The sign of an effective clinician is the  ability to identify the criteria that distinguish the diagnosis from any  other possibility (otherwise known as a differential diagnosis). An  ambiguous clinical diagnosis can lead to a faulty course of treatment  and hurt the client more than it helps. In this Assignment, using the  DSM-5 and all of the skills you have acquired to date, you assess an  actual case client named L who is presenting certain psychosocial  problems (which would be diagnosed using Z codes). 

This is a culmination of learning from all the weeks covered so far.

To prepare:  Use a differential diagnosis process and analysis of the Mental Status  Exam in “The Case of L” to determine if the case meets the criteria for a  clinical diagnosis.

Submit a 6 page paper in which you:

  • Provide the full DSM-5 diagnosis. Remember, a full diagnosis should  include the name of the disorder, ICD-10-CM code, specifiers, severity,  and the Z codes (other conditions that may need clinical attention).
  • Explain the full diagnosis, matching the symptoms of the case to the criteria for any diagnoses used. 
  • Identify 2–3 of the close differentials that you considered for the  case and have ruled out. Concisely explain why these conditions were  considered but eliminated. 
  • Identify the assessments you recommend to validate treatment.  Explain the rationale behind choosing the assessment instruments to  support, clarify, or track treatment progress for the diagnosis. 
  • Explain your recommendations for initial resources and treatment.  Use scholarly resources to support your evidence-based treatment  recommendations.
  • Explain how you took cultural factors and diversity into account when making the assessment and recommending interventions. 
  • Identify client strengths, and explain how you would utilize strengths throughout treatment.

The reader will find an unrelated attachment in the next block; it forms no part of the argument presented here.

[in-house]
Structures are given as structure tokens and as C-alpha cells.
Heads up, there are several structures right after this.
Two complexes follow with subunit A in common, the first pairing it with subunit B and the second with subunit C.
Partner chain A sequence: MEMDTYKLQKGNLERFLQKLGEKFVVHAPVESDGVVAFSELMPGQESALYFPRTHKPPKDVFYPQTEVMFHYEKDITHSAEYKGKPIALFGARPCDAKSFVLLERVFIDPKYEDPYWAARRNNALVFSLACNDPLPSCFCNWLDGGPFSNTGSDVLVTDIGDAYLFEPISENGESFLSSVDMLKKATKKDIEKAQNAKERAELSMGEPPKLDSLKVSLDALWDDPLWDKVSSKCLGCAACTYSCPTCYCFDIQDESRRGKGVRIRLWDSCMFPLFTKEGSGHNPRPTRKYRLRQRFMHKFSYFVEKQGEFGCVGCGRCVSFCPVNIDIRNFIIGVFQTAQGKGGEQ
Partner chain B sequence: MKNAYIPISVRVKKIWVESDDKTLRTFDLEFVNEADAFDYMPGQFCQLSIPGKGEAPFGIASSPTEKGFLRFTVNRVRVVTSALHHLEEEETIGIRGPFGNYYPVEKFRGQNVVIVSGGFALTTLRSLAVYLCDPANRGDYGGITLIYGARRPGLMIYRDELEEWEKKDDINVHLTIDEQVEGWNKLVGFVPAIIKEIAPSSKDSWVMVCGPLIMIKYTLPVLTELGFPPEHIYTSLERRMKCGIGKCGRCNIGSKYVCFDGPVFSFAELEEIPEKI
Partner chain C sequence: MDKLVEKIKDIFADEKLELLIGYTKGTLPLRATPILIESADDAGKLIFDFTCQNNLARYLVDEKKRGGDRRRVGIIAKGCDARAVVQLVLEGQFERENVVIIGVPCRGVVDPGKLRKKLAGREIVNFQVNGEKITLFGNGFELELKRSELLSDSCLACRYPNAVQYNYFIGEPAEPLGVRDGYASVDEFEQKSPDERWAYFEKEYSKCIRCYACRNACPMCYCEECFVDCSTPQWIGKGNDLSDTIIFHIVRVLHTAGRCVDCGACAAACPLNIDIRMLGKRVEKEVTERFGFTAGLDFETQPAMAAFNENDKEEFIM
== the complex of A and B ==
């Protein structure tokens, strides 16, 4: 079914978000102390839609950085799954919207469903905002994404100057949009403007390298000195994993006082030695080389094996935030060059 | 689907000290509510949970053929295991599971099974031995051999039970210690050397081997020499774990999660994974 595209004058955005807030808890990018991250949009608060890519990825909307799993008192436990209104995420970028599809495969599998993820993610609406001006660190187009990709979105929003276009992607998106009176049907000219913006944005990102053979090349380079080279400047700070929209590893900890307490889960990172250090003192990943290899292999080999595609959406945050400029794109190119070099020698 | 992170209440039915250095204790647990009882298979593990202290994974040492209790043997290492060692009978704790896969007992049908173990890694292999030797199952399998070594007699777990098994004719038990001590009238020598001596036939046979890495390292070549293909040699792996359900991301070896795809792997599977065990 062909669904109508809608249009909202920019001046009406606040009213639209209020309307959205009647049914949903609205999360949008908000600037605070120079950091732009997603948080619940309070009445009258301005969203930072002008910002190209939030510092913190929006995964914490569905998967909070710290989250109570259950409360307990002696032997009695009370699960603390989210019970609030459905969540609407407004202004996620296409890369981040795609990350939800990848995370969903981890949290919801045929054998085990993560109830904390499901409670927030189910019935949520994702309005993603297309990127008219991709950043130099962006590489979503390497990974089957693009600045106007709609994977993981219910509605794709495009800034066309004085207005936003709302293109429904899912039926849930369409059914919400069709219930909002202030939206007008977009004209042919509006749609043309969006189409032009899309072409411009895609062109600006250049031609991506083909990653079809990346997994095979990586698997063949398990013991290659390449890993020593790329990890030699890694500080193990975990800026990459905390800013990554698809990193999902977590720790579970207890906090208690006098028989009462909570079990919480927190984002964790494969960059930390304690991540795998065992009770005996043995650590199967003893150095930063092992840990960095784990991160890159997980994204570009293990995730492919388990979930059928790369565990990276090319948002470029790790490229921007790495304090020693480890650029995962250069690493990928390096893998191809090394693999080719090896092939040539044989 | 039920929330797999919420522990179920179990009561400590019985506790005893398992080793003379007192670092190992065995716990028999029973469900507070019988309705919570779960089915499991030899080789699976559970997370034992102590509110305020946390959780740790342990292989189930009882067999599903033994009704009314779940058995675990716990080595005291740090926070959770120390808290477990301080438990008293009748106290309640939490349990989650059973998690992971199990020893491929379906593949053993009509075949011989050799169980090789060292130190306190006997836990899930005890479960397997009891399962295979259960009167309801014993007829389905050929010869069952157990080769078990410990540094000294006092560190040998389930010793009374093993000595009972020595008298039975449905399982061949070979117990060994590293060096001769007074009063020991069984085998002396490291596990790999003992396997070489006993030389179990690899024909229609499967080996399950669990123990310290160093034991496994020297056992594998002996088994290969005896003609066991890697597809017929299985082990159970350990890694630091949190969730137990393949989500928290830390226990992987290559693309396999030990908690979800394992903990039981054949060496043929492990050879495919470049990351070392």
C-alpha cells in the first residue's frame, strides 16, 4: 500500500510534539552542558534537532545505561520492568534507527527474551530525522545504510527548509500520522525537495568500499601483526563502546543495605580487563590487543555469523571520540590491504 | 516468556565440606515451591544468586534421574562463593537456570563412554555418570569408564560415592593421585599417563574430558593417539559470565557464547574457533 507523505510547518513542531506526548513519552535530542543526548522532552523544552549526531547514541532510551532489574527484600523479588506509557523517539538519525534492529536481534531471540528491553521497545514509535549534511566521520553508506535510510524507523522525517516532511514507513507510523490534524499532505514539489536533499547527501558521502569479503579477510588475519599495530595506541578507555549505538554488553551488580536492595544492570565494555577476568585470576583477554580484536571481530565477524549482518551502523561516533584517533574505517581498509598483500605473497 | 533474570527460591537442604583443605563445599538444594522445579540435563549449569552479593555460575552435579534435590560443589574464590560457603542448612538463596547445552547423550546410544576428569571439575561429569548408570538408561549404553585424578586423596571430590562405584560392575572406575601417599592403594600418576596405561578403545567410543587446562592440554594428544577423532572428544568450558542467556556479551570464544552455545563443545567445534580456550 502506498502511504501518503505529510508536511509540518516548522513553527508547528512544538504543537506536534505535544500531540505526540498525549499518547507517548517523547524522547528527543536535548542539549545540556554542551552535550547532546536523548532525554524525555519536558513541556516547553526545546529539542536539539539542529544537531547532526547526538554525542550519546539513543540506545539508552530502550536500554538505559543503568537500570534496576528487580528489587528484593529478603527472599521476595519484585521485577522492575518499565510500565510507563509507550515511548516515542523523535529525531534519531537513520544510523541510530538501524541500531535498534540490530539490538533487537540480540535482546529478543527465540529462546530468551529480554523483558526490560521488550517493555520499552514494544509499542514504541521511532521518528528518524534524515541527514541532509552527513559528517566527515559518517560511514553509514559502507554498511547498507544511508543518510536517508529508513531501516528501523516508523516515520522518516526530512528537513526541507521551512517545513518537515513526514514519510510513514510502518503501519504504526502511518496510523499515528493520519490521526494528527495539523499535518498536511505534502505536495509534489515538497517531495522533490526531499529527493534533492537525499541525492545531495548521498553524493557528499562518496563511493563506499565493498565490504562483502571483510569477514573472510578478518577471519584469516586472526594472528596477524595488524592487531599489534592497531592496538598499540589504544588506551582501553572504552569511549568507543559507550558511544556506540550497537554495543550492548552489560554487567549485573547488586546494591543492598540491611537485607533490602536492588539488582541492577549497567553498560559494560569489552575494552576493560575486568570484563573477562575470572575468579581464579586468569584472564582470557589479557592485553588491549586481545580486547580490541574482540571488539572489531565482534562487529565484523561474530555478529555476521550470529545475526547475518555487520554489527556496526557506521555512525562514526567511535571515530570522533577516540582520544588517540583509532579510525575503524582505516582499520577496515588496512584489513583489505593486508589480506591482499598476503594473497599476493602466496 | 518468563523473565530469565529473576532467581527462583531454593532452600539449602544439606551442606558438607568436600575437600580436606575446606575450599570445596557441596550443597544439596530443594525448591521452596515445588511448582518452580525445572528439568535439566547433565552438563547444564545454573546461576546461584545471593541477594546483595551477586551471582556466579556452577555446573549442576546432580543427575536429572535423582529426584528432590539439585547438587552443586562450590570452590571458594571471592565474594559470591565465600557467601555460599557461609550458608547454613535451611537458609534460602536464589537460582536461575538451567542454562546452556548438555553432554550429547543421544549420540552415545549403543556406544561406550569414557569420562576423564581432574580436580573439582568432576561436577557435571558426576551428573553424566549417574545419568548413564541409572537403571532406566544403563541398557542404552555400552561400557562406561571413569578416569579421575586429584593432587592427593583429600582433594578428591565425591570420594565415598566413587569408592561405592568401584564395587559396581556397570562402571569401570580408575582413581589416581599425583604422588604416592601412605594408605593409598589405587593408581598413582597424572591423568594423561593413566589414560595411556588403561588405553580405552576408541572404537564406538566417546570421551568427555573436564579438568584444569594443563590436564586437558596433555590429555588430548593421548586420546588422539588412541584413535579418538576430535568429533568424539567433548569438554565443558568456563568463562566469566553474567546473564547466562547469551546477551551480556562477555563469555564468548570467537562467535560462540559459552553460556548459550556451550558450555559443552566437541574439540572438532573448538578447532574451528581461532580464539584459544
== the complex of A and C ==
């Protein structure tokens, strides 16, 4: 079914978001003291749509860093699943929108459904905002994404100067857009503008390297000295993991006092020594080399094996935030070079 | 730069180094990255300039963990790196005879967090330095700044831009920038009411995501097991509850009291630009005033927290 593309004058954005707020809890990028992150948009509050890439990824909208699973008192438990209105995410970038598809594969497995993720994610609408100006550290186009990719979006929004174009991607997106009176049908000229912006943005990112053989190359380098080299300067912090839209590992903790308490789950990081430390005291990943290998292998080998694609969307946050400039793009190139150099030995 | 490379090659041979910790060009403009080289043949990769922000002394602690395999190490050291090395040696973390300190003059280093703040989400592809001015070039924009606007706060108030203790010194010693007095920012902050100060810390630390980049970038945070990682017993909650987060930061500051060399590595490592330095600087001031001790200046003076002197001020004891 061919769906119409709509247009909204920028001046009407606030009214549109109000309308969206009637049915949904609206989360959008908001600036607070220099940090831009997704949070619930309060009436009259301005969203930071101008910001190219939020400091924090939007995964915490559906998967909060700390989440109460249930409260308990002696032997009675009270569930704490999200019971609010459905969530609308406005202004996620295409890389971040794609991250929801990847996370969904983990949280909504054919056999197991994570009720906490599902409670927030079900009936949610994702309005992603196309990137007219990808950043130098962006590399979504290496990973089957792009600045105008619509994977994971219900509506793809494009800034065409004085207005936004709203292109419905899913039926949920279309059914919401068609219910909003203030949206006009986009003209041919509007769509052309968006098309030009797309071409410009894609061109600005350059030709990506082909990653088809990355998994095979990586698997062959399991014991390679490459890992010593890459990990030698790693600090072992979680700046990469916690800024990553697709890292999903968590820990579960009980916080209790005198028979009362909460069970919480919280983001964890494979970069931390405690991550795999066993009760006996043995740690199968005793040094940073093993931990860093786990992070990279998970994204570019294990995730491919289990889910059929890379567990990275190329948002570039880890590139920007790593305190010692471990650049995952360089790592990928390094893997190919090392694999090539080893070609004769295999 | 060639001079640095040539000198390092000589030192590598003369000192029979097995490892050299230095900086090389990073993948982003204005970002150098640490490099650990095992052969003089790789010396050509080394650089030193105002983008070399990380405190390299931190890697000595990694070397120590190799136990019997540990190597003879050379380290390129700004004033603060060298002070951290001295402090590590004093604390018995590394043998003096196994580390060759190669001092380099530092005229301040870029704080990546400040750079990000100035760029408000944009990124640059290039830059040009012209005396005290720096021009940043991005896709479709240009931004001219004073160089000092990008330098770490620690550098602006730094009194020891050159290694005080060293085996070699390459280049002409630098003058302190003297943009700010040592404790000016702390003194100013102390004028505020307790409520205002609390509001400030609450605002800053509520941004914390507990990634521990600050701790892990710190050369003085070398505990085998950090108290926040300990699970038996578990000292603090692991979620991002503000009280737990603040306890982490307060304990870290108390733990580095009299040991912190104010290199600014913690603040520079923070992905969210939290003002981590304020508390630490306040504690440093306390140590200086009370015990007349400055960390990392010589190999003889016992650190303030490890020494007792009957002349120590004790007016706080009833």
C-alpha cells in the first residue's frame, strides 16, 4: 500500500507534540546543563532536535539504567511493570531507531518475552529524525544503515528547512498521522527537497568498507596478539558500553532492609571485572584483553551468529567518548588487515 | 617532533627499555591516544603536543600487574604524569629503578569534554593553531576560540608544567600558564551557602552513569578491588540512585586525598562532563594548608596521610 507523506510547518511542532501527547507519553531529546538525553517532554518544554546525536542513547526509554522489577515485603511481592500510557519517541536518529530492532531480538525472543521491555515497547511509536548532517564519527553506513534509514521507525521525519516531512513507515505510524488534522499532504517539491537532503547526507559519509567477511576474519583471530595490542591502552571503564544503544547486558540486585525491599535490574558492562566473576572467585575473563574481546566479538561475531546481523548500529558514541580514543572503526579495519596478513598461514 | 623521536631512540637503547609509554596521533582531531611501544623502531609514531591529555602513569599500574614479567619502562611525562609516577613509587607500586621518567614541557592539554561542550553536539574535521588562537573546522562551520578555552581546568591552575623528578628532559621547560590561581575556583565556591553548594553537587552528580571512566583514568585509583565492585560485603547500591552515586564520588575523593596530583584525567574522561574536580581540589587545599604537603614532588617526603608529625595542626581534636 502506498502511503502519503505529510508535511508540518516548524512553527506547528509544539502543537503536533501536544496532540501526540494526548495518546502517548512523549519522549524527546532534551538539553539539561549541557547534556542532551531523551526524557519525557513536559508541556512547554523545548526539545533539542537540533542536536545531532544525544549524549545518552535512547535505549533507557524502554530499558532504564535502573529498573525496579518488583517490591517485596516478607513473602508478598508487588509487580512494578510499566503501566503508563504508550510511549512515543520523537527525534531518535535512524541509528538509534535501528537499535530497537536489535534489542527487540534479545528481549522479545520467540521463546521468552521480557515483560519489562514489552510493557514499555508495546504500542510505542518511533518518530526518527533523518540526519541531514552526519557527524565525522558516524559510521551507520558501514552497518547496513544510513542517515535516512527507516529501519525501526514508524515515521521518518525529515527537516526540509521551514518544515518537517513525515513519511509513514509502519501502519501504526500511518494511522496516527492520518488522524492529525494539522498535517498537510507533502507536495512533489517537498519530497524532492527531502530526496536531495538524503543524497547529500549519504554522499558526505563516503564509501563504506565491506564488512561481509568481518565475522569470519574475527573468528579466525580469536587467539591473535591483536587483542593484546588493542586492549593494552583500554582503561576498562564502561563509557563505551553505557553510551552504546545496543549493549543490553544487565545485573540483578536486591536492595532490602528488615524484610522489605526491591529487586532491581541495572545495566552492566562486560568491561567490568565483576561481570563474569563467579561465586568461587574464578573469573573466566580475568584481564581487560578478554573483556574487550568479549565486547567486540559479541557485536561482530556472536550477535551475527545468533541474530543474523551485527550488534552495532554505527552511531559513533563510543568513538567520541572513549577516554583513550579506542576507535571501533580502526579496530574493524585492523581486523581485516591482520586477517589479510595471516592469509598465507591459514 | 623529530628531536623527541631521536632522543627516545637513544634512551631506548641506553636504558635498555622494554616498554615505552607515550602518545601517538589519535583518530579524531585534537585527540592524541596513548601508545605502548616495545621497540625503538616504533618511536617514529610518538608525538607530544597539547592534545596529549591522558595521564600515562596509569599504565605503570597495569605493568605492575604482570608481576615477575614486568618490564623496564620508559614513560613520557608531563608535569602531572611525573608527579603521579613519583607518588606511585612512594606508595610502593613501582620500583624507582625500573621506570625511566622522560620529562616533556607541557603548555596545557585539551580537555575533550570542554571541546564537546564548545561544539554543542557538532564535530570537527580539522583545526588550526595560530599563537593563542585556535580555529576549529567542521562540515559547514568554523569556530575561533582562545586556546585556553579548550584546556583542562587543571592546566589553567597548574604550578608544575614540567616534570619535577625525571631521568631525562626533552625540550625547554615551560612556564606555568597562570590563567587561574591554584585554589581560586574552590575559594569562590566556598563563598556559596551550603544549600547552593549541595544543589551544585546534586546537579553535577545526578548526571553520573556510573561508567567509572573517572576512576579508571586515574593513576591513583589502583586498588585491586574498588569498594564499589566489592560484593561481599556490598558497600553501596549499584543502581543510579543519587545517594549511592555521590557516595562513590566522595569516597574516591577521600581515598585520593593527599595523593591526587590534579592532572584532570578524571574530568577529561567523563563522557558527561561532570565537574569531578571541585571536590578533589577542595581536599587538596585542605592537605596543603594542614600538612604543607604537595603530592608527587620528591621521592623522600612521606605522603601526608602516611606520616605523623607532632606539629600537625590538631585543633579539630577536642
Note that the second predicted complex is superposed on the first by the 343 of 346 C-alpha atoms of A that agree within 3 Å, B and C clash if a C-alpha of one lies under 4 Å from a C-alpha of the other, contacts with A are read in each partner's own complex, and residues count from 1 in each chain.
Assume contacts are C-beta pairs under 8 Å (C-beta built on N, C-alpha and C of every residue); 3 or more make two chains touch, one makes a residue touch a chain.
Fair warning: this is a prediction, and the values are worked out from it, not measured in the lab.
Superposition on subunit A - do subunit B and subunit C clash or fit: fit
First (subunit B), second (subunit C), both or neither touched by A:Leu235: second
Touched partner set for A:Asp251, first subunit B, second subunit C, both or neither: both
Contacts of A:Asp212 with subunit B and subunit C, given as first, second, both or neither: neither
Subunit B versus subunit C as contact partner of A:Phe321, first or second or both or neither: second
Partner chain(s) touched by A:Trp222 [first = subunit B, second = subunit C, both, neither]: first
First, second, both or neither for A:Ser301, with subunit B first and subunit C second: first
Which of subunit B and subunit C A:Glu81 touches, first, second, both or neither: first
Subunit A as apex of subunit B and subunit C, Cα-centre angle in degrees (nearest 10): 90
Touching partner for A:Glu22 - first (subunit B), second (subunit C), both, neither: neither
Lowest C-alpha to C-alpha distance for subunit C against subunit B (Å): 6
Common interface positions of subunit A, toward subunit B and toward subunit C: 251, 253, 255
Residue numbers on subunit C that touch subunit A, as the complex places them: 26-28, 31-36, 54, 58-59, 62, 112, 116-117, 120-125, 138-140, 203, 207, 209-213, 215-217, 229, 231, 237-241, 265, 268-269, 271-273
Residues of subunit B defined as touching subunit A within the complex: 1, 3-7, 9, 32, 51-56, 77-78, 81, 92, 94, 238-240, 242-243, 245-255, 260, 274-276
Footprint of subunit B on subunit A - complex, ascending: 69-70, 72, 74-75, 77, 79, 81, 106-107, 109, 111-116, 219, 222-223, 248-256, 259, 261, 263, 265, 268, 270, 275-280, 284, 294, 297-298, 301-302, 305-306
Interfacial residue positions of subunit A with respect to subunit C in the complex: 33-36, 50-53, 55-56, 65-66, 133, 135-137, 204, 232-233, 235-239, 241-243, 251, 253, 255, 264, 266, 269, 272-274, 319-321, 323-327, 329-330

• Identify specific knowledge or skills you would need to obtain to  effectively treat this client, and provide a plan on how you will do so.

 APA format

Morrison, J. (2014). Diagnosis made easier (2nd ed.). New York, NY: Guilford Press.
Chapter 15, “Diagnosing Substance Misuse and Other Addictions” (pp. 238–250)

American Psychiatric Association. (2013q). Substance related and addictive disorders. In Diagnostic and statistical manual of mental disorders (5th ed.). Arlington, VA: Author. doi:10.1176/appi.books.9780890425596.dsm16
Note: You will access this e-book from the Walden Library databases.

Gowin, J. L., Sloan, M. E., Stangl, B. L., Vatsalya, V., & Ramchandani, V. A. (2017). Vulnerability for alcohol use disorder and rate of alcohol consumption. American Journal of Psychiatry, 174(11), 1094–1101. doi:10.1176/appi.ajp.2017.16101180
Note: You will access this article from the Walden Library databases.

Reus, V. I., Fochtmann, L. J., Bukstein, O., Eyler, A. E., Hilty, D. M., Horvitz-Lennon, M., … Hong, S.-H. (2018). The American Psychiatric Association practice guideline for the pharmacological treatment of patients with alcohol use disorder. American Journal of Psychiatry, 175(1), 86–90. doi:10.1176/appi.ajp.2017.1750101
Note: You will access this article from the Walden Library databases.

Stock, A.-K. (2017). Barking up the wrong tree: Why and how we may need to revise alcohol addiction therapy. Frontiers in Psychology, 8, 1–6. doi:10.3389/fpsyg.2017.00884
Note: You will access this article from the Walden Library databases.


Best, D., Beckwith, M., Haslam, C., Haslam, S. A., Jetten, J., Mawson, E., & Lubman, D. I. (2016). Overcoming alcohol and other drug addiction as a process of social identity transition: The social identity model of recovery (SIMOR). Addiction Research and Theory, 24(2), 111–123. doi:10.3109/16066359.2015.1075980

Hagman, B. T. (2017). Development and psychometric analysis of the Brief DSM-5 Alcohol Use Disorder Diagnostic Assessment: Towards effective diagnosis in college students. Psychology of Addictive Behaviors, 31(7), 797–806. doi:10.1037/adb0000320

Helm, P. (2016). Addictions as emotional illness: The testimonies of anonymous recovery groups. Alcoholism Treatment Quarterly, 34(1), 79–91. doi:10.1080/07347324.2016.1114314

Petrakis, I. L. (2017) The importance of identifying characteristics underlying the vulnerability to develop alcohol use disorder. American Journal of Psychiatry, 174(11), 1034–1035. doi:10.1176/appi.ajp.2017.17080915

Hom, M. A., Lim, I. C., Stanley, I. H., Chiurliza, B., Podlogar, M. C., Michaels, M. S., … Joiner, T. E., Jr. (2016). Insomnia brings soldiers into mental health treatment, predicts treatment engagement, and outperforms other suicide-related symptoms as a predictor of major depressive episodes. Journal of Psychiatric Research, 79, 108–115. doi:10.1016/j.jpsychires.2016.05.008